Paradoxes of nature and science (1906) by William Hampson (with illustrations)

Paradoxes of nature and science (1906) by William Hampson (with illustrations)

Paradoxes of nature and science

Things which appear to contradict general experience or scientific principles, with popular explanations of the how and why

pt. I. Mechanical paradoxes.--pt. II. Paradoxes of physical state.--pt. III. Chemical paradoxes.--pt. IV. Physiological paradoxes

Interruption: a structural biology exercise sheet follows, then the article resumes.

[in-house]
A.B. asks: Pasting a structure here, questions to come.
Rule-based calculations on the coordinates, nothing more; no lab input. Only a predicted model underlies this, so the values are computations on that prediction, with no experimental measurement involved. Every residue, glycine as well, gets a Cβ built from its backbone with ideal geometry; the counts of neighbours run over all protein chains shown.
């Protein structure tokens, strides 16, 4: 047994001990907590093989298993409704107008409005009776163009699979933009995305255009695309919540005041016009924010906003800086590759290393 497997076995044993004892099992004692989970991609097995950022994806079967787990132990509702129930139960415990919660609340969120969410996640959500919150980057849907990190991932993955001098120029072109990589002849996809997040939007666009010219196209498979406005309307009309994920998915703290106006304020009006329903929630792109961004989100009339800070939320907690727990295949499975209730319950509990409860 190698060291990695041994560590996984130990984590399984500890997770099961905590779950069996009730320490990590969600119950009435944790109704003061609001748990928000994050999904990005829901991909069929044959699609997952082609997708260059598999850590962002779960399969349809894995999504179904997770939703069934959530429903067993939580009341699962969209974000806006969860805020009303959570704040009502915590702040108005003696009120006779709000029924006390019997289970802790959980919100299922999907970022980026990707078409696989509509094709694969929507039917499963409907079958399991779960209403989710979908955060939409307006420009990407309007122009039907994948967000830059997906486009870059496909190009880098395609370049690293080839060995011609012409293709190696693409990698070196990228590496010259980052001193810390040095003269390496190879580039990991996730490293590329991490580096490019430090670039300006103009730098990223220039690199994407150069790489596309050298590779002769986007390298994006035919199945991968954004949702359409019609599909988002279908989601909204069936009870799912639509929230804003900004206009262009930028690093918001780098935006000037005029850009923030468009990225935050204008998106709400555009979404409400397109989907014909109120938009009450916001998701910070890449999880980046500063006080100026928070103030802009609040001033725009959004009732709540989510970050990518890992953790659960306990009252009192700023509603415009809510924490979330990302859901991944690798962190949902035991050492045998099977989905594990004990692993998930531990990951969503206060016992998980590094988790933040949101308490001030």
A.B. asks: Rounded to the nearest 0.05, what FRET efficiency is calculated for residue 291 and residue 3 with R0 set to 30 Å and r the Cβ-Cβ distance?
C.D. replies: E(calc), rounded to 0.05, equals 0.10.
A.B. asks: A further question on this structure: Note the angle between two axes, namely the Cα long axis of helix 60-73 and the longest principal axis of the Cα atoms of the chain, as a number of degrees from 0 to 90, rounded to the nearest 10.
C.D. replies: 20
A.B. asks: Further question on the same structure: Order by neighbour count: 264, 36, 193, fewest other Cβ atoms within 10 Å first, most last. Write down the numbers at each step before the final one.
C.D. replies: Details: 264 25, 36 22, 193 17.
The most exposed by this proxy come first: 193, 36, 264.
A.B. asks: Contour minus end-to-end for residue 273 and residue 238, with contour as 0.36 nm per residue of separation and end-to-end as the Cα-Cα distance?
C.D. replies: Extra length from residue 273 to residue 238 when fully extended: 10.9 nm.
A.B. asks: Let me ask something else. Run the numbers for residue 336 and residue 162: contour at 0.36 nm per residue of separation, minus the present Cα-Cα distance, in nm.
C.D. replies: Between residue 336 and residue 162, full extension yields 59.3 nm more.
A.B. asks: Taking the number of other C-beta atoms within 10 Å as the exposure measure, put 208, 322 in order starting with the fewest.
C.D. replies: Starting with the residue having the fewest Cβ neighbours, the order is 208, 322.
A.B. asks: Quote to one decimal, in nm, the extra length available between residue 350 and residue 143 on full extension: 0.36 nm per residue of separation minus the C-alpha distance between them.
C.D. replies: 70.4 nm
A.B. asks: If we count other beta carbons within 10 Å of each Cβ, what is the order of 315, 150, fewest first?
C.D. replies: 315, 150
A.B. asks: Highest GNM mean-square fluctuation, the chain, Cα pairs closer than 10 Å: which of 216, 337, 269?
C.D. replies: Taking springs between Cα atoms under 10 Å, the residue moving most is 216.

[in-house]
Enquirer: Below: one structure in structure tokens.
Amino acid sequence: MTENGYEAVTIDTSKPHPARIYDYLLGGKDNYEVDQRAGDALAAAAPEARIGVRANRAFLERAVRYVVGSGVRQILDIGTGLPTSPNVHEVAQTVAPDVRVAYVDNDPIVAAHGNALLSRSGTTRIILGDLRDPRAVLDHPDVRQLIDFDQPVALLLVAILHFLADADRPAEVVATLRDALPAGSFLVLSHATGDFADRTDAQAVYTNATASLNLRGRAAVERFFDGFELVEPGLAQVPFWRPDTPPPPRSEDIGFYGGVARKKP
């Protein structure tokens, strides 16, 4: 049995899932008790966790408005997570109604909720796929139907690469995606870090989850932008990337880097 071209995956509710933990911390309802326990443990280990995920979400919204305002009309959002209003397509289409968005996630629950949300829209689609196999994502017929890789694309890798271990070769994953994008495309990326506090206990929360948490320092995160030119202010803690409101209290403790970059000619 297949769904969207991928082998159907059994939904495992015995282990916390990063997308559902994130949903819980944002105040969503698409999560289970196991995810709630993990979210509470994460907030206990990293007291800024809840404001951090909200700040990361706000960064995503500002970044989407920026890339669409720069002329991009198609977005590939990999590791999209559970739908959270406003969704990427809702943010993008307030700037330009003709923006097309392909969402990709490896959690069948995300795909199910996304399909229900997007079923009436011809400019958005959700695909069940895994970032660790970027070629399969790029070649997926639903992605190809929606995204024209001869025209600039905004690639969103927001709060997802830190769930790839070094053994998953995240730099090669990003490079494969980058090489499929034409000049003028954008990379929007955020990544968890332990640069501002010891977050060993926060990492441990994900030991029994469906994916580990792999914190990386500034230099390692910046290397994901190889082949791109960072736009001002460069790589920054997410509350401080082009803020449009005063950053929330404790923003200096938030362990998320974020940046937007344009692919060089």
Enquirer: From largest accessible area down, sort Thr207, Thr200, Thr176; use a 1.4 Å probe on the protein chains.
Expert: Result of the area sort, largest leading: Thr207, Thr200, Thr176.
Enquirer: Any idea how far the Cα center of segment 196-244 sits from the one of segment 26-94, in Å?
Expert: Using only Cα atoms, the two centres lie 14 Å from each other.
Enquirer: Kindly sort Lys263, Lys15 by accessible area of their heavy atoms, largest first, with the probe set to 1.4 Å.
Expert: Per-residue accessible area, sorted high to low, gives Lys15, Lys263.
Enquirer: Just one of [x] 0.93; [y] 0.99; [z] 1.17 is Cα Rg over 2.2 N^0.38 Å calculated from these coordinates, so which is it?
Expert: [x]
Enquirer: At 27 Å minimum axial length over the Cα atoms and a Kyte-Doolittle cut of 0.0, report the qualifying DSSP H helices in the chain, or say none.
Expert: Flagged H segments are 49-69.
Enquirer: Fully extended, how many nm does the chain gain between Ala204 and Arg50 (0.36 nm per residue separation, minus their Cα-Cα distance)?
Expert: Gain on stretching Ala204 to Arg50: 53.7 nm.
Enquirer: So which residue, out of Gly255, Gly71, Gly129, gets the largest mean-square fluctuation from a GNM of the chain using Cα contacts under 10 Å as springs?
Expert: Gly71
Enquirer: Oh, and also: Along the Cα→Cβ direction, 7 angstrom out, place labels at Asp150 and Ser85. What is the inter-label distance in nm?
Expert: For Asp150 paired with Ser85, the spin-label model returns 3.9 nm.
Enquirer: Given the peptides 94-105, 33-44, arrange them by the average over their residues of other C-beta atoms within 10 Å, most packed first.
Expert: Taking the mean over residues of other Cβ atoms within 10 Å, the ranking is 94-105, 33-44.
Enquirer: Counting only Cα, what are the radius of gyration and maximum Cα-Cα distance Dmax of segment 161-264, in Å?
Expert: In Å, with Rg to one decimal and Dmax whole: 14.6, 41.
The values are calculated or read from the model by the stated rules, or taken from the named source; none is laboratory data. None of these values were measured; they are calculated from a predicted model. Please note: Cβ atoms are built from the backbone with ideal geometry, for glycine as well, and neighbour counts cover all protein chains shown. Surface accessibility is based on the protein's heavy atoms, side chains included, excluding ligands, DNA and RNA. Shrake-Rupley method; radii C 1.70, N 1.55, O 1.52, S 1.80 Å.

NATURE is a great conjurer. With many of her tricks, we are so familiar that they do not astonish us; but on giving them a little consideration we often find that they are really very puzzling performances, and we become as eager to learn the explanation as children at a Christmas conjuring party to hear the per- former's account of how he does it, or children of an older growth to learn from the political prestidigitator at the head of the opposite party how he reconciles his action with his principles. Equally interesting puzzles occur in the course of experimental work in the laboratory; but in this book, the choice will be limited, so far as is reasonably possible, to such experiments as can be readily performed, with very simple apparatus, at home; and the form of. experiment illustrated will often depend on the fact that this object is in view. In both kinds of paradox, the desire to gratify curiosity by seeking the explanation will promote an interest in the intelligent study of the workings of natural forces; and this is no less truly the study of science than much of the rote-work for examinations which is done under that name.

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